How to stay balanced at work
DR NATWAR SHARMA is a member of the Royal College of Pediatrics and Child Health (MRCPCH), and has served and trained in the pediatric intensive care unit of Apollo Hospitals, Chennai, India. During the course of his work as a pediatric intensivist and a therapist of alternate healing, he faces the usual difficulties of coping with stress at work and the challenge of staying emotionally detached from his patients. Here he is interviewed about how he finds balance and rejuvenation amidst a hectic schedule.
Q: As a therapist, how do you nurture and nourish yourself so that the work with your patients does not affect you in a negative way and at the same time actually helps them to heal?
NS: There are three things my guide told me: first, to maintain absolute confidentiality when dealing with a patient or client, because unless I give that space to them they cannot open up to me. Second, not to judge anybody, because the moment I judge I’m finished. That judgment will not only destroy my ability to help but it will also affect my client energetically. I may not tell that person, but energetically it definitely has an effect. I have noticed that.
There is a wonderful quote from Autobiography of a Yogi: “The vanished lives of all men are dark with many shames.” There are no exceptions. So who am I to judge? Just because we are traveling in a boat, the fact that you are sitting in the front and somebody is behind does not mean that person is inferior. You are still in the boat. If you are born on this Earth as a human being, that means you are born with baggage. Your baggage may be smaller; his baggage may be bigger; her baggage may be darker; yours may be lighter. But baggage is baggage. For example, whether it is a golden prison or a steel prison, it is still a prison. So who am I to judge?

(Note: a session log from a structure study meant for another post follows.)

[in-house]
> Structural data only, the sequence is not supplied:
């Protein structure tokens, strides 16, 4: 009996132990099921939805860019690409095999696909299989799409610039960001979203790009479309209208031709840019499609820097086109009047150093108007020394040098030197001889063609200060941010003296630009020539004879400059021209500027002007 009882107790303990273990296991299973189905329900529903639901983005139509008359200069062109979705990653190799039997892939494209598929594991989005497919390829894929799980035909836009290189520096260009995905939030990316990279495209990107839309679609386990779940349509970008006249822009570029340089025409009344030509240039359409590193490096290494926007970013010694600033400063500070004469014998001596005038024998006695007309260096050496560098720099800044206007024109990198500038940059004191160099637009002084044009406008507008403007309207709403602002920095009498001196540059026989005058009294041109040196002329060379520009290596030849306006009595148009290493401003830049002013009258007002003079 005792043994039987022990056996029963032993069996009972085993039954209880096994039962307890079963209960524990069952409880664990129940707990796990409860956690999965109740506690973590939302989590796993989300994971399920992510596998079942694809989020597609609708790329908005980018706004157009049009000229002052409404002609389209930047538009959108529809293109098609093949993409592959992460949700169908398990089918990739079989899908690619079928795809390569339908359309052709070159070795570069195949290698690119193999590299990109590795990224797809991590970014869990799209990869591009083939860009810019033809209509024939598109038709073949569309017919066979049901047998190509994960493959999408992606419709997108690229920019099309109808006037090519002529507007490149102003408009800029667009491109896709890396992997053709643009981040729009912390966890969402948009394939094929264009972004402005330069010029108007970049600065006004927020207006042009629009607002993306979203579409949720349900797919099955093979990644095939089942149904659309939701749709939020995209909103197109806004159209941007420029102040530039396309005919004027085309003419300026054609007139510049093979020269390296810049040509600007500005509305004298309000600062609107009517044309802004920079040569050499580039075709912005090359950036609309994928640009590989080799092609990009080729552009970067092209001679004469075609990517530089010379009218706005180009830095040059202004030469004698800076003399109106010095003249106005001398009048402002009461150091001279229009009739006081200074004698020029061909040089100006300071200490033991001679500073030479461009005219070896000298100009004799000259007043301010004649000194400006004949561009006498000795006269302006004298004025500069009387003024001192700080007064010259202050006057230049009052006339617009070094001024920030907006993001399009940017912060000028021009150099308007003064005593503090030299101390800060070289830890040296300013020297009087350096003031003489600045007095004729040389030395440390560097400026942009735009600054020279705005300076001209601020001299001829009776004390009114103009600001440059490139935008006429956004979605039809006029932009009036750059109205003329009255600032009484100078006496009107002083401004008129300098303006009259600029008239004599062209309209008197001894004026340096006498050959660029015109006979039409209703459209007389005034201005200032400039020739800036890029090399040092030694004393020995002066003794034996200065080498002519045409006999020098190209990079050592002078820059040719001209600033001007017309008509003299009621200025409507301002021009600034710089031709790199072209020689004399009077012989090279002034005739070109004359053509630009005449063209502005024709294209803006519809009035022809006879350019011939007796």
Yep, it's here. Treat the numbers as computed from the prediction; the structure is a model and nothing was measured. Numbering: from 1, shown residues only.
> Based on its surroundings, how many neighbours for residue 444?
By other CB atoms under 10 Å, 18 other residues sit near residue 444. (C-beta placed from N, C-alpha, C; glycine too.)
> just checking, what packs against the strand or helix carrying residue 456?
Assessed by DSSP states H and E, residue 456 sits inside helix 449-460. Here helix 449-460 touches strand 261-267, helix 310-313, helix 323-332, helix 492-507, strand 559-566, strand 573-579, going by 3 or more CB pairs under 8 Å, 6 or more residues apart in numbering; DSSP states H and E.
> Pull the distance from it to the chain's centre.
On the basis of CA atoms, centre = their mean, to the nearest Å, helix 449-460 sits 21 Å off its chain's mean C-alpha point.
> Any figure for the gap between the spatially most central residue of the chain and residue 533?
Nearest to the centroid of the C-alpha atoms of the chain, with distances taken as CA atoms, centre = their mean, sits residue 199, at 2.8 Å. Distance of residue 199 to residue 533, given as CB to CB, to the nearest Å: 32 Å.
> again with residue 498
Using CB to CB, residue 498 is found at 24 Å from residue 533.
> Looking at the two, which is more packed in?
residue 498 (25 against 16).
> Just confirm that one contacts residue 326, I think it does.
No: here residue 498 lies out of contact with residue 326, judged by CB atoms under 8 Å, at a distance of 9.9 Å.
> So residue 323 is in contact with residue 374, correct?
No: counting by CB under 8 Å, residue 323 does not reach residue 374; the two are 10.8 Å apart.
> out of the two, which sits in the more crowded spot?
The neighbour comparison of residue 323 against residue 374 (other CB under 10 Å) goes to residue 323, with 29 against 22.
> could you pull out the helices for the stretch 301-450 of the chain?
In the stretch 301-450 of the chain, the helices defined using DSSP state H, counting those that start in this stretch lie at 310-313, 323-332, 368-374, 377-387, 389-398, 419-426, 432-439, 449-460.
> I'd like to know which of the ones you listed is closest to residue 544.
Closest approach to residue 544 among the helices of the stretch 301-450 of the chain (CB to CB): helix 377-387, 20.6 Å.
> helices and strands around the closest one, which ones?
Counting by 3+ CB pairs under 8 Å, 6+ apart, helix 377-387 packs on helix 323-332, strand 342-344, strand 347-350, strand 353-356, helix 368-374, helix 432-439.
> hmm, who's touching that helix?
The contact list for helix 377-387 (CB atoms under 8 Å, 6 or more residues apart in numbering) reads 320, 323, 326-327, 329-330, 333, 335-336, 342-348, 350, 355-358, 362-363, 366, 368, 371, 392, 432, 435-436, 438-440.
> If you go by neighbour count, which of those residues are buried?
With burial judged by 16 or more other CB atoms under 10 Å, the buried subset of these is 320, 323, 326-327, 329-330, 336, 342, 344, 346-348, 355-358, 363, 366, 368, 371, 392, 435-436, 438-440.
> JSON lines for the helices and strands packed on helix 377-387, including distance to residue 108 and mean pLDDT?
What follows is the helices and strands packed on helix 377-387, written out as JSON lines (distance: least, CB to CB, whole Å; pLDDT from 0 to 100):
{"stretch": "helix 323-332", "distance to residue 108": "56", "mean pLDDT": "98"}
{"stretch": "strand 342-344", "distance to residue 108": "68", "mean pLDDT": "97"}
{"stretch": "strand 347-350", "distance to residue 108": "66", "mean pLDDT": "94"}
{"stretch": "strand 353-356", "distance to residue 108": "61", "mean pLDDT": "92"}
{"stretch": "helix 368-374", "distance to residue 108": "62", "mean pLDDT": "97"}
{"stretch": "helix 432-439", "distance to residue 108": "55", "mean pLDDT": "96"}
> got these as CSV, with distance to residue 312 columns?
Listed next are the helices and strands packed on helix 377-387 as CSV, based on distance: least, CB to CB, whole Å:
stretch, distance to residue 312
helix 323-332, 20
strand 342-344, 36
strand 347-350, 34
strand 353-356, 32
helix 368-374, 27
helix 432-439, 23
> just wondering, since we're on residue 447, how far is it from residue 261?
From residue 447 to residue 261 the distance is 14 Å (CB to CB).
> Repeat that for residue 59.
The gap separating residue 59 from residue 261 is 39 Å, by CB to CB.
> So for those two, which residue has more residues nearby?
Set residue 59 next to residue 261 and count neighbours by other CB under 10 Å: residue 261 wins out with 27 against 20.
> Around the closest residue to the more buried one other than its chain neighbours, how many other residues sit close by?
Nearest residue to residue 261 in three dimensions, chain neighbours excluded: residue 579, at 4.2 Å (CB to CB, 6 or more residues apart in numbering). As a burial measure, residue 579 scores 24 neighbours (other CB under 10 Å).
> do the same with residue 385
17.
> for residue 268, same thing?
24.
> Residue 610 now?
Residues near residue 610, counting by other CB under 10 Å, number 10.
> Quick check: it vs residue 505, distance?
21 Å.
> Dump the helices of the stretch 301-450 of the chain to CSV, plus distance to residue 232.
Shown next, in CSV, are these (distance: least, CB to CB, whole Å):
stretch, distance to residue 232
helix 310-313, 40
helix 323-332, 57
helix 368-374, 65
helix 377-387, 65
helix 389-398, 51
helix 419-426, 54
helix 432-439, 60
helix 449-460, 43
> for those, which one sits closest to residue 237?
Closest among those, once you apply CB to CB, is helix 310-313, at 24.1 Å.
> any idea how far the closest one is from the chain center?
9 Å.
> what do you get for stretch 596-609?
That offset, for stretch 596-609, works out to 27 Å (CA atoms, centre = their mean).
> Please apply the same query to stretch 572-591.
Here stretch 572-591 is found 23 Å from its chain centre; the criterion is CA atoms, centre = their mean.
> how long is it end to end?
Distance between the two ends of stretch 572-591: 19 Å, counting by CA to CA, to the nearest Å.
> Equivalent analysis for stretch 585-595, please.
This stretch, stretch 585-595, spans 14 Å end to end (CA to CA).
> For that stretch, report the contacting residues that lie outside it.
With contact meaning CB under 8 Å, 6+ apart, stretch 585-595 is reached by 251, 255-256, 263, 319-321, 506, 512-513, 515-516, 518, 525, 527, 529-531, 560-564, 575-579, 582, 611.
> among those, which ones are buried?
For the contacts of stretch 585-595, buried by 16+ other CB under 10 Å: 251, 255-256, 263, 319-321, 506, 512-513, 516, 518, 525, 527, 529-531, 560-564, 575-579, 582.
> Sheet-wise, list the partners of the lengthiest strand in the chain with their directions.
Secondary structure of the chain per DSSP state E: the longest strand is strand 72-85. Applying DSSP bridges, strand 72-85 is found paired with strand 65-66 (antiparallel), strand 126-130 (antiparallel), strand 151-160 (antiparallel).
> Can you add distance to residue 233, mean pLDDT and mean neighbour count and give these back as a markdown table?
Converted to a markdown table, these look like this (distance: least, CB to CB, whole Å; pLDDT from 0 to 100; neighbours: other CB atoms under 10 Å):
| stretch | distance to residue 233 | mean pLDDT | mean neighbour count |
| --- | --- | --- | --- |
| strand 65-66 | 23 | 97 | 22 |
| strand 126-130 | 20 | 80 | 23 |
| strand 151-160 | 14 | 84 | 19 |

The third thing is not to resonate, because if I start resonating with somebody else’s problem I cannot finish my work. I must let go of it otherwise I can’t deal with a person of that nature. So these three things are quite important.
Q: And how do you cultivate these?
NS: You need to be grounded. If you don’t ground yourself, it is very easy to be swayed. I ground myself through meditation. Can we avoid stress in this world today? Impossible. Because the world is so fast, the world has no time. Imagine 20 years ago when we had no phone, we had so much time. We could sit, talk and gossip. We could go out and look at the stars. Who does it today? Very rarely. Even villagers have become busy with WhatsApp, smartphones etc. They don’t look at nature either. They are losing their ability to predict the hour and whether it is going to rain or not. It’s gone.
So now when you are living in such a world where you cannot avoid stress, what do you do? You have to combat it. How do you combat it? Just by taking a pill? If you take a pill, you will have to take it every day because stress is an everyday affair. And what is that pill? Meditation is my pill. If I don’t meditate one day I accumulate stress, and it piles up. So ten years down the line if you have hypertension or diabetes, it is because you’ve piled up so much stress. Now you may ask, “Can I get better if I start meditating?” Of course you can get better, but it will take time because you have abused your body for a long time. At least give it that much time to recover.